As African culture seems to be drowning more and more in the waves of Westernisation that have swept the world the question that begs to be answered is; can we hold on to our roots?? Every year, Zambia and the rest of Africa celebrate African Freedom Day which falls on 25 May. On this day, the resounding words are about honouring freedom fighters, but issues of cultural freedom from the west are usually not prominent.
It seems that people are content to let every cultural craze sweep them off their feet and they have let go of their roots. In Zambia, The National Arts Council is an organisation that emphasises on the need to preserve culture especially thorugh the use of the arts.
Chairperson of National Arts Council (NAC) Mulenga Kapwepwe says we, as Africans, must become concious of the cultural imperialism, subjuggation and invasion in all its forms ad manage it to our advantage.
"Africans realised the political and legal limitations that imprisoned and oppressed us as colonial subjects, the same can be done with culture," she expressed.
Ms. Kapwepwe explained that the importance of having a defined culture cannot be over-emphasised although most cultures today have borrowed something from somewhere creating a fusion that has strengthened their cultures.
She detailed that western culture has borrowed much from African culture, stating that some of the most famous painters such as Picasso were greatly influenced by African art. Carl Jung the Psychiatrist developed his now famous theories on African experiences and of course African rhythms filter through the music of the world.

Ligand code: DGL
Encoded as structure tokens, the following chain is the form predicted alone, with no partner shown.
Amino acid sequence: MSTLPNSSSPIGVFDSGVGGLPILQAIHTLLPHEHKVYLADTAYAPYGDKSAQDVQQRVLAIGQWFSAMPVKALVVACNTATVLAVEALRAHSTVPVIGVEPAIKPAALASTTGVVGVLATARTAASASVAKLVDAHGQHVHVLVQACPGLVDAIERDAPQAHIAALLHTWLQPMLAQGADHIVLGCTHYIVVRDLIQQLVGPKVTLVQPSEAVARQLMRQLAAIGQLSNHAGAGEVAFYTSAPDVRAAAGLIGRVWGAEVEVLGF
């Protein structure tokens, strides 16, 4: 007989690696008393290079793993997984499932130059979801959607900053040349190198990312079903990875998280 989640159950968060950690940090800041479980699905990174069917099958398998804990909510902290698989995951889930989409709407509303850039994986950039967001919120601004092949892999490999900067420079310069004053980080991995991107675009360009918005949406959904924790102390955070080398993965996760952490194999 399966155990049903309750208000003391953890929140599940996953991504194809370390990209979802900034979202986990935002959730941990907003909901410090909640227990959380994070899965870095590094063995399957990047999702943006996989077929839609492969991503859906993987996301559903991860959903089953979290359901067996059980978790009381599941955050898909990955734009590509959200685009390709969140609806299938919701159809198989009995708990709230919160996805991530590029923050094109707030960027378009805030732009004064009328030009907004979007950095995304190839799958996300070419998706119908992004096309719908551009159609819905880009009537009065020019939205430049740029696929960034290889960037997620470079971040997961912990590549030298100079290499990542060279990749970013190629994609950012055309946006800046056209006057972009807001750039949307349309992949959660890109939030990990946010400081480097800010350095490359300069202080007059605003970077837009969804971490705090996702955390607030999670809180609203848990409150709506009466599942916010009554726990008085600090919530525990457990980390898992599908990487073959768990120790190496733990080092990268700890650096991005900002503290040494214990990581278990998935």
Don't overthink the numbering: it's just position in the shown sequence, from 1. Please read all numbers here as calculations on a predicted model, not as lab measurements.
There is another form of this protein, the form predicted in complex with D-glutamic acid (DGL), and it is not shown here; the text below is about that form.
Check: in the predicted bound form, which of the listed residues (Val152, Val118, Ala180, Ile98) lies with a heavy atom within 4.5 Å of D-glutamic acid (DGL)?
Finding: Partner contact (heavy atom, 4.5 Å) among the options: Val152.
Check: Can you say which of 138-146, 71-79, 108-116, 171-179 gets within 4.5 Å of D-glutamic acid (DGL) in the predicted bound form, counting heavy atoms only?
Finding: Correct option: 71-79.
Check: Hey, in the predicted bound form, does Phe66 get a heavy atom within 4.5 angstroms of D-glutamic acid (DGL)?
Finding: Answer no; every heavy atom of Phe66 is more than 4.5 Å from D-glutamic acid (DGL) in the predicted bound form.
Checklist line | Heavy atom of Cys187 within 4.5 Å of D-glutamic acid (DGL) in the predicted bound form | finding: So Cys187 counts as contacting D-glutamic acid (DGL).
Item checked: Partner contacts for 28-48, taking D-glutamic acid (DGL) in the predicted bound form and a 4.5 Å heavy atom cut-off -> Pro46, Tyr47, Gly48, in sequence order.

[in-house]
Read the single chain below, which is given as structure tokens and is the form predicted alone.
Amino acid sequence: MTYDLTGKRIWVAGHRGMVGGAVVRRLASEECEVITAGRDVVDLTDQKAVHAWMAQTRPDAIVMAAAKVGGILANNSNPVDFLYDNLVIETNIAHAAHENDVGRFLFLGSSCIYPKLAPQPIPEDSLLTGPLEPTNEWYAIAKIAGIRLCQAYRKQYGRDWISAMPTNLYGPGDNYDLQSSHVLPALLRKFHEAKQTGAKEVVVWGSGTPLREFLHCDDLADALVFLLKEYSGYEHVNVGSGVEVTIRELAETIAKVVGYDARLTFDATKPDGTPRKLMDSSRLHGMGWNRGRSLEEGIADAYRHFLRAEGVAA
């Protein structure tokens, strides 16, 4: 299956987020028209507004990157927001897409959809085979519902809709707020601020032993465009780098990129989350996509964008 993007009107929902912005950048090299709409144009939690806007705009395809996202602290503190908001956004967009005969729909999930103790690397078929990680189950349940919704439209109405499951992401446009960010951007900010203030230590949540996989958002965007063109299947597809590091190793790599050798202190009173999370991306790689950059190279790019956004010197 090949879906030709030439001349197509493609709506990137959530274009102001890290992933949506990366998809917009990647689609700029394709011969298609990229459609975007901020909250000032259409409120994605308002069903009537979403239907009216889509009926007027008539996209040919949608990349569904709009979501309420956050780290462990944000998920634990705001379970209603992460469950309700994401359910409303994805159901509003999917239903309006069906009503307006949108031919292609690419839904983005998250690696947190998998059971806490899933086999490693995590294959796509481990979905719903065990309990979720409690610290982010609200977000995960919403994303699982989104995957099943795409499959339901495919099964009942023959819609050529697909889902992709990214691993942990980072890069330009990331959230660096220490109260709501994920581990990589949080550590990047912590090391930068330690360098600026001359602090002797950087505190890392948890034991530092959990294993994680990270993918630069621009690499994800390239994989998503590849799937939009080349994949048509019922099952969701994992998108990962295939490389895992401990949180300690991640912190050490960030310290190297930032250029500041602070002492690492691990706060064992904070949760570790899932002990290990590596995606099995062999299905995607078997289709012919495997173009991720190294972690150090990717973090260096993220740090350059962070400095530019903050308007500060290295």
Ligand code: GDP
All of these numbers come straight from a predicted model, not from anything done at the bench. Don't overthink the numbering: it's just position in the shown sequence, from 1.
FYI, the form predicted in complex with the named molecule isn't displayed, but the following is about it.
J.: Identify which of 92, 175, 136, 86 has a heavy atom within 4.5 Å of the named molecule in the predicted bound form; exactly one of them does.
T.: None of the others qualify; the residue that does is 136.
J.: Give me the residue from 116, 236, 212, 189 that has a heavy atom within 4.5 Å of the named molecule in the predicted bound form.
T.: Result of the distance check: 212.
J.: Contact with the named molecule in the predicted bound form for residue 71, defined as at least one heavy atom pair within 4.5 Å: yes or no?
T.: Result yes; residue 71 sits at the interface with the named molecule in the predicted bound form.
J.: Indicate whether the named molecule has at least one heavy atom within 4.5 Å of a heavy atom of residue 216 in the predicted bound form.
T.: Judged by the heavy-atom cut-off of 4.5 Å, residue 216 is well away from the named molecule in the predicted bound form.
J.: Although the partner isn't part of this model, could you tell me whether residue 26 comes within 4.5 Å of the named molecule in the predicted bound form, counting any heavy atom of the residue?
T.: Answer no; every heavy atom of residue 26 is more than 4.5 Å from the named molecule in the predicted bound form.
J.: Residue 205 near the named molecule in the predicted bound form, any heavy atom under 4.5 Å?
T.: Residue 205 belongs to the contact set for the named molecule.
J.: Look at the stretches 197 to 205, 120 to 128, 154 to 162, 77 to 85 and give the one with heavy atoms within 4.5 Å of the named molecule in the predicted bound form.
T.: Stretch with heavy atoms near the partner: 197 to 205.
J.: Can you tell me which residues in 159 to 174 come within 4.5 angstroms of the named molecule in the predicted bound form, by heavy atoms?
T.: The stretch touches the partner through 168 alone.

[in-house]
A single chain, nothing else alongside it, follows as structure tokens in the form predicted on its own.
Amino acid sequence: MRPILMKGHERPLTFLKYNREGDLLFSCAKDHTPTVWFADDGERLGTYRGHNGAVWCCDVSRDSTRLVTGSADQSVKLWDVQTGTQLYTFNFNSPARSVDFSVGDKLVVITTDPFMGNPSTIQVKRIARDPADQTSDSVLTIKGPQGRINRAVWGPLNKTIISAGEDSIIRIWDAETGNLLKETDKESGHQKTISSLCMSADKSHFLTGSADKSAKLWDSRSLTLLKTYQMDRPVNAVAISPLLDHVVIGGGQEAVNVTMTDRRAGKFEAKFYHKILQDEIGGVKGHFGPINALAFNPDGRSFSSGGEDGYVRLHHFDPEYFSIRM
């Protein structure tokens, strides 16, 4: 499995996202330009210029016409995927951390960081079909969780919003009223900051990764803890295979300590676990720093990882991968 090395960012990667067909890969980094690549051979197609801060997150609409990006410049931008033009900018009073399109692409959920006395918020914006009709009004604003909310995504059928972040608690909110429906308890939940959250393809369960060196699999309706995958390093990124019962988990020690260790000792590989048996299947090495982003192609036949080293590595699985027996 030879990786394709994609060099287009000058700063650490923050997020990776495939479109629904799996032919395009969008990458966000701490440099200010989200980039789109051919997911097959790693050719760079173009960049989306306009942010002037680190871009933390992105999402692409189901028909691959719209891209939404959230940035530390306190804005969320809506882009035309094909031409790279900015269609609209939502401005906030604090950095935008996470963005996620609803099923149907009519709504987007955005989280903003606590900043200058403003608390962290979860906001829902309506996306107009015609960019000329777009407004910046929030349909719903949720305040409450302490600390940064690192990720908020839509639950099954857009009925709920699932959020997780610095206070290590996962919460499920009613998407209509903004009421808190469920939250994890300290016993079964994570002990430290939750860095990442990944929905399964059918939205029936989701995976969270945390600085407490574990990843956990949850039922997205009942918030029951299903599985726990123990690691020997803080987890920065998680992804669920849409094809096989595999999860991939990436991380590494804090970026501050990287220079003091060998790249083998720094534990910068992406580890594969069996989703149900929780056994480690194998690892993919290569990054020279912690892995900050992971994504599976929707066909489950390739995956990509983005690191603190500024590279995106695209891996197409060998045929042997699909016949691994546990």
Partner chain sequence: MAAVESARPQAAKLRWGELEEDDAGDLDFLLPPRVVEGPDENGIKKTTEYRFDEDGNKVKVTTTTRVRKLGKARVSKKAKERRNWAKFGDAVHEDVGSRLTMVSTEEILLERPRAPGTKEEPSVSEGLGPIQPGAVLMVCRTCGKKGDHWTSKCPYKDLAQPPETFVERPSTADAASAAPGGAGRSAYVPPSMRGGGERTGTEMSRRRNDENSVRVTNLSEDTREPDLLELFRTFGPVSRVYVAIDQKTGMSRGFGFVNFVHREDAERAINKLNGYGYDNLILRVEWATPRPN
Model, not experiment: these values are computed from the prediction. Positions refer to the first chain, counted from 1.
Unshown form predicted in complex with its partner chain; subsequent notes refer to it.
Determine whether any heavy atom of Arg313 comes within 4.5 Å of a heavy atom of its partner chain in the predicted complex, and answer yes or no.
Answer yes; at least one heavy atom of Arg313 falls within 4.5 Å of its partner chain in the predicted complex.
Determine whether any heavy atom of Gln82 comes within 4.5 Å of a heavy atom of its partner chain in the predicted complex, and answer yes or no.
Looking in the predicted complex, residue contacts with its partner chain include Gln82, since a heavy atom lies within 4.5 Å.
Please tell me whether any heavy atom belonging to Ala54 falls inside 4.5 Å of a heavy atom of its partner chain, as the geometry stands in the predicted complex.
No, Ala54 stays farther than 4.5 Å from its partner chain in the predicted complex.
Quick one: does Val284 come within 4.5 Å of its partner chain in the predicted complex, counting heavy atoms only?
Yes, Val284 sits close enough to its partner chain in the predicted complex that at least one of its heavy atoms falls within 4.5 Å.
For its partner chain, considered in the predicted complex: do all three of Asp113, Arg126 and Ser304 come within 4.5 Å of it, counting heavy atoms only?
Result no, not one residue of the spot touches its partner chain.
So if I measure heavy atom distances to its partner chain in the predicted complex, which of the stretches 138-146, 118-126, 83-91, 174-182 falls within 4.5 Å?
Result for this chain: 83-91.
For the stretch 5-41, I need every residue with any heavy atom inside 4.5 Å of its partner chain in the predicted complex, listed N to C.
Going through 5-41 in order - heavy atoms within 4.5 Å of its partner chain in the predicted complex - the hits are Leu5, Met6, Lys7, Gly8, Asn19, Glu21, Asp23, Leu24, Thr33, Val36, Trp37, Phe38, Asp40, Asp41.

Ms. Kapwepwe further expressed that the Zambian culture can also benefit from blending with other cultures, although it is always good to be conscious of what you are blending your culture with and how much compromise or blending is being done as culture must be preserved.
Zambia has made striking developments through NAC in as far as cultural preservation is concerned.
“The National Arts Council supports provincial and national festivals in theatre, music and multi-disciplinary art forms, either through monetary, technical or facilitating support,” explains Ms. Kapwepwe.
One such festival that NAC has sponsored is the Tonga music festival hosted in Chikuni by Chikuni Radio Station.
Ms Kapwepwe explained that NAC is doing its best to find ways of preserving the Zambian culture through the arts.
“NAC has been busy with a number of policy and legislative frameworks that will strengthen the arts, culture and heritage sector. This is sorely needed as the sector is fragmented and underfunded. A lot has to be done to invigorate the cultural sector development,” she explains.
She further challenged government to champion the promotion of culture up to a certain level, mostly by creating a favourable playing field, and providing funding for large scale projects and initiatives.